Transport for the North and its members have called for sustained investment to rail in the North through a commitment to ‘quick win’ projects.
A phased pipeline of 20 years of rail investment would support the North’s economic recovery from COVID-19.
In their joint submission to the Integrated Rail Plan, Transport for the North’s Members call for a sustained investment in the North’s rail network through a commitment to “quick win” projects and high-speed links.
TftN is making the case that the North needs projects such as Northern Powerhouse Rail and HS2 to be completed as well as local improvements to the rail network.
Speaking on the release of the submission, Barry White, Transport for the North’s Chief Executive, said: “We’ve strongly welcomed the Government’s passion for infrastructure investment in the North, and commitment to projects like HS2 and Northern Powerhouse Rail. It’s an agenda the North set. But there’s no point in doing it piecemeal. Now, more than ever, the North needs certainty on what rail schemes will happen and when, so that passengers and businesses can benefit as soon as possible.
“We need an integrated and sustained 20-year pipeline of investment in our rail network. It’ll be a vital weapon to combat the COVID-19 economic shock and to secure a greener future. Better rail infrastructure could get people and the economy moving and, in the long-term, support a period of growth that creates more opportunities.
“We’ve been clear that tackling rail problems in the here and now – by committing to projects around some of the congested parts of the North’s network – need to be considered by the Government and then progressed at pace. But we also need to explore how to speed up delivery of key parts of HS2 and Northern Powerhouse Rail in the North to ensure people aren’t waiting decades for change. We must deliver on the well-worn promise that change is coming down the track.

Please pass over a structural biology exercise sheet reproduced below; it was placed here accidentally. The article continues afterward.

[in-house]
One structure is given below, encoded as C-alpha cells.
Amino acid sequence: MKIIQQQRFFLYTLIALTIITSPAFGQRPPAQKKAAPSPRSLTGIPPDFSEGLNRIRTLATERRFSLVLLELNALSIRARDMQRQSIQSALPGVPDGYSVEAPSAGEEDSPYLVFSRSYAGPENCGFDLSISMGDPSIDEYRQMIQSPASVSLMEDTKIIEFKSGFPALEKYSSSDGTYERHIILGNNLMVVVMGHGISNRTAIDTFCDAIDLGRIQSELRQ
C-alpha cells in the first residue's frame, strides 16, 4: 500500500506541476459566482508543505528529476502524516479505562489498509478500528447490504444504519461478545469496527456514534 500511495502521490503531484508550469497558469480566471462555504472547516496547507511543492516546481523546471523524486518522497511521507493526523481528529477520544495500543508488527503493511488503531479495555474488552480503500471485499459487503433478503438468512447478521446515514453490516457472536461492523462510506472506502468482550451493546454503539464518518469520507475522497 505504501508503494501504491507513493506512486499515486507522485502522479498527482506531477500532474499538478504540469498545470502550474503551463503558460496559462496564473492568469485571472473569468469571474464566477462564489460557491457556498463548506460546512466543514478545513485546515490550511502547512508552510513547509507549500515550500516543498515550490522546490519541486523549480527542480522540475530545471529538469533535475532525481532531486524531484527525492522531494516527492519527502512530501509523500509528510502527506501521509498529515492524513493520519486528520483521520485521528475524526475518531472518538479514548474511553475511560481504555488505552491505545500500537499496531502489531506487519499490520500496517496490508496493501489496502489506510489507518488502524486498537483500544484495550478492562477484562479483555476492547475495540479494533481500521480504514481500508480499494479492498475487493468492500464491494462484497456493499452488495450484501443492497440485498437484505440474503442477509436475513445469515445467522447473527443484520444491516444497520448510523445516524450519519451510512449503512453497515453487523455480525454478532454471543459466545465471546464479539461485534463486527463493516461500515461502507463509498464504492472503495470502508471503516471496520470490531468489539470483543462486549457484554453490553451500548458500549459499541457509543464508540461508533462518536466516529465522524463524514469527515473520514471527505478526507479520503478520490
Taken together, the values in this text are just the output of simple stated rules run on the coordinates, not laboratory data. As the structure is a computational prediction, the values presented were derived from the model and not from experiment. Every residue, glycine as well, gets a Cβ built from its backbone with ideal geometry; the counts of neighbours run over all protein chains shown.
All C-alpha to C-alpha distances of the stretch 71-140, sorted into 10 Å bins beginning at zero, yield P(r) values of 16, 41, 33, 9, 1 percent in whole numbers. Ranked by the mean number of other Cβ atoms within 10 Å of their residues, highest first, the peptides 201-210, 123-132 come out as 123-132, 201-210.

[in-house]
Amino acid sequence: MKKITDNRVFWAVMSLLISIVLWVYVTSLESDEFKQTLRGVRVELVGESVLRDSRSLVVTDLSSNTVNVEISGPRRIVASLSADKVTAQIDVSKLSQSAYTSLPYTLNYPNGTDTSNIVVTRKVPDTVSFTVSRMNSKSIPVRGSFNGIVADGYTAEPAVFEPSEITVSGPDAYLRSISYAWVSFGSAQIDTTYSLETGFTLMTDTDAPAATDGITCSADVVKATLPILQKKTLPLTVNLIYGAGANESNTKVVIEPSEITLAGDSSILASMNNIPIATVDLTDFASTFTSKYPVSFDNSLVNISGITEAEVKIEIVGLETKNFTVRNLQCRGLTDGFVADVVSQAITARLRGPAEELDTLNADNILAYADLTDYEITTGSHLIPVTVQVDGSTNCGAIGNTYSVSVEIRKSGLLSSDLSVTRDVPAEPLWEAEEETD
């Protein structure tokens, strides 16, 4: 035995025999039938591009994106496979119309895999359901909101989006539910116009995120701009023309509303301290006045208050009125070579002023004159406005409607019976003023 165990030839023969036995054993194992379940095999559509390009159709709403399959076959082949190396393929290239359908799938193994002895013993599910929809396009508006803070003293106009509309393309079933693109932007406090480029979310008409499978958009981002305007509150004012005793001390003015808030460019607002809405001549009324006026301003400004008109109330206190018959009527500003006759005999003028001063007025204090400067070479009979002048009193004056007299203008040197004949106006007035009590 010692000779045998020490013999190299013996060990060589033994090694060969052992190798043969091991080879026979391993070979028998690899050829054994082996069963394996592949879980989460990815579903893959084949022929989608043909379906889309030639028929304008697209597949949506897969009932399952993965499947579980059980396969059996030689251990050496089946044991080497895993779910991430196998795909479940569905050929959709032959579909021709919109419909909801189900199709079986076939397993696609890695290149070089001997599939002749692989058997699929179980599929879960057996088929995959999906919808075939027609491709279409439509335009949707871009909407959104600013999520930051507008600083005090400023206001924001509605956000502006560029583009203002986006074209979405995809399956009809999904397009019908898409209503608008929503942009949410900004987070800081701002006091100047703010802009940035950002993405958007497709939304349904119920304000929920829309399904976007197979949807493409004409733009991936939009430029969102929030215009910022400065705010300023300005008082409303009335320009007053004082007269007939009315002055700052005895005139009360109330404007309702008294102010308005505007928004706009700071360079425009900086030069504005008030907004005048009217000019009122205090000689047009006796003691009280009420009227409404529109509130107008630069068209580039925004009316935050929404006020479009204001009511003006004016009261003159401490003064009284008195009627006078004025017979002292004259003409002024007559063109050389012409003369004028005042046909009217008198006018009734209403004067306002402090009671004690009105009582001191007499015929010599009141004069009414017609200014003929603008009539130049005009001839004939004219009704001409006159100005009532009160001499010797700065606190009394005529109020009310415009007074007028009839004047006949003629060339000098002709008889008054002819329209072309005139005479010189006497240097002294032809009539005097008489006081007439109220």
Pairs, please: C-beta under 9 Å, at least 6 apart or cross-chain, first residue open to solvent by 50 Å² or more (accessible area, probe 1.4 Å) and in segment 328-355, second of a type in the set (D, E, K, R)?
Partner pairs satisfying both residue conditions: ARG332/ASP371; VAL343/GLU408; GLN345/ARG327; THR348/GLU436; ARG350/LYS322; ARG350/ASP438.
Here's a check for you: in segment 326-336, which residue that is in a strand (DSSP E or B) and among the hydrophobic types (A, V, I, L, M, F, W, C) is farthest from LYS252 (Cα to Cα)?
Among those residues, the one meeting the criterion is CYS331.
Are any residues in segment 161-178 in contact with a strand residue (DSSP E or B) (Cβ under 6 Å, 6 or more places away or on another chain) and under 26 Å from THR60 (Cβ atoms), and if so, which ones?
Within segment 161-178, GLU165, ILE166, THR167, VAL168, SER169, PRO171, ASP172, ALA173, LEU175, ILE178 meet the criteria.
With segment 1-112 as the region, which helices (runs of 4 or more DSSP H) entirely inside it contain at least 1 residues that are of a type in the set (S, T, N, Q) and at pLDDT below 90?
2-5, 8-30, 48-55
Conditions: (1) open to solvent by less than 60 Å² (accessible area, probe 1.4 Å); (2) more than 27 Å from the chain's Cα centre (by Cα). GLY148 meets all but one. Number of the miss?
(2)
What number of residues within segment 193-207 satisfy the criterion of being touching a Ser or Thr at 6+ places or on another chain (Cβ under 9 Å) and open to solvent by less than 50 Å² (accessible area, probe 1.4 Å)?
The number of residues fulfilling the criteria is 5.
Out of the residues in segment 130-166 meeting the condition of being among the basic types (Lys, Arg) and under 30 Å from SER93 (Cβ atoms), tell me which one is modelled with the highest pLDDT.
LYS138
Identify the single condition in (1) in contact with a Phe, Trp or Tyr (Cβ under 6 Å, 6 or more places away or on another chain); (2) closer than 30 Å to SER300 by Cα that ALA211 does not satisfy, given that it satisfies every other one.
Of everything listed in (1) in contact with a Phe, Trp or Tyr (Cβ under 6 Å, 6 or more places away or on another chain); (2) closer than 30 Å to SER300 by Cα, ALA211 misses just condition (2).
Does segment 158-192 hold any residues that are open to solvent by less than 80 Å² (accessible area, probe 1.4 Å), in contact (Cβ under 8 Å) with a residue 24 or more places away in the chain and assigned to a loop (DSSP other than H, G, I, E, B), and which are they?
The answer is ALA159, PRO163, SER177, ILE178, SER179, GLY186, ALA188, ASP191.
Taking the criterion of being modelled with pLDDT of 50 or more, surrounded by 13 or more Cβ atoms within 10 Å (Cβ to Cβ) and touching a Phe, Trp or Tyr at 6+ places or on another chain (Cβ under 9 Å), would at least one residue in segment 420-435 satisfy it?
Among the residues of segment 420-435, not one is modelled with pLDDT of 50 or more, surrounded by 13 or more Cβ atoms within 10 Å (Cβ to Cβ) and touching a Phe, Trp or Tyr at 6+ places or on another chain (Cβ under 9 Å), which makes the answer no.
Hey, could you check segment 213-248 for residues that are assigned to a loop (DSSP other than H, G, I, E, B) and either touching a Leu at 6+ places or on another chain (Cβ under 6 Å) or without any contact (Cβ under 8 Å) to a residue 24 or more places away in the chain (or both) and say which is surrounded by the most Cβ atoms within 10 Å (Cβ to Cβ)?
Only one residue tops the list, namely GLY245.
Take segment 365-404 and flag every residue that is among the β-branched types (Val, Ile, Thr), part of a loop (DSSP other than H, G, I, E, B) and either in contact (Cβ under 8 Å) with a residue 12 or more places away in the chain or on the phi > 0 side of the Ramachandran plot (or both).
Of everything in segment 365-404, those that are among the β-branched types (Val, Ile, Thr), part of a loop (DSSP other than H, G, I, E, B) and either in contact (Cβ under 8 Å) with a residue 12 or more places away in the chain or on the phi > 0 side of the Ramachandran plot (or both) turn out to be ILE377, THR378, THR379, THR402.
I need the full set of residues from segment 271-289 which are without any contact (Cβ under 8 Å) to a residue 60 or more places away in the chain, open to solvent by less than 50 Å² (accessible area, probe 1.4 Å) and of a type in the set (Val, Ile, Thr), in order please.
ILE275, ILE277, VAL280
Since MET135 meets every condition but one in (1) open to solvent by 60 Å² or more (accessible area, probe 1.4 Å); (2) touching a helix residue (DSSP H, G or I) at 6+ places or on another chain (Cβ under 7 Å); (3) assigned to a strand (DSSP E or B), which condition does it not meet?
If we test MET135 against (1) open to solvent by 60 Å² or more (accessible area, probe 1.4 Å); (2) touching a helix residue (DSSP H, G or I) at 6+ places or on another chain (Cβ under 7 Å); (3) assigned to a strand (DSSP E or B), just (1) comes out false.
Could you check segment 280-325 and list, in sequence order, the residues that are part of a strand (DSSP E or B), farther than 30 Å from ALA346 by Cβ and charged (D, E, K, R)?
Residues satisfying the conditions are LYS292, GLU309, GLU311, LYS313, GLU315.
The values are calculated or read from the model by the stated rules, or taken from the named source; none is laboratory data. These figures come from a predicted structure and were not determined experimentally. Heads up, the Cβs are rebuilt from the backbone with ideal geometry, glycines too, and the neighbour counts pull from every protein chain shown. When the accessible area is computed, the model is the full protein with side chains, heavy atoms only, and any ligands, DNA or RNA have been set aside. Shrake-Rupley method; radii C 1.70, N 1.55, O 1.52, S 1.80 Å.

“Our Members are clear on what interventions are needed, and that – as a formidable joint voice for the North – they should have a strong role in the decisions and the delivery of such rail schemes. The North is speaking with one voice through this evidence-based submission, and we stand ready to work together with Government through the next steps.”
Among Transport for the North’s initial evidence is the need to:
- Put passengers first in addressing short-term issues
- Be clear on what rail interventions will be delivered, and when these will be complete
- Align investments with plans for roads to help support a sustainable multi-modal network.
- Meet decarbonisation goals
- Accelerate development for Northern Powerhouse Rail
- Explore alignment between major projects through Northern Powerhouse Rail and the Central Pennines Corridor (Preston – Blackburn – Burnley Manchester Road – Leeds) and also the reopening of the Colne to Skipton line.
- Have better connectivity between the Midlands and Scotland, including redevelopment of Preston and Carlisle
- Complete outstanding work to tackle network bottlenecks including Manchester Castlefield Corridor; at Leeds, the East Coast Main Line route to Newcastle and the North East, West Coast Main Line north of Crewe, Stockport and in the Sheffield City Region
Cllr Judith Blake, Leeds City Council and West Yorkshire Combined Authority said “The Government’s Integrated Rail Plan must commit to delivering Northern Powerhouse Rail alongside the eastern leg of HS2 and the full TransPennine Route Upgrade, so the North can benefit from increased capacity and connectivity, and to support our economic recovery from the COVID-19 pandemic. At the same time it is also vitally important that investment in the strategic rail network is realised, so the North receives a truly integrated service from which our towns and cities can enjoy the benefits much earlier.”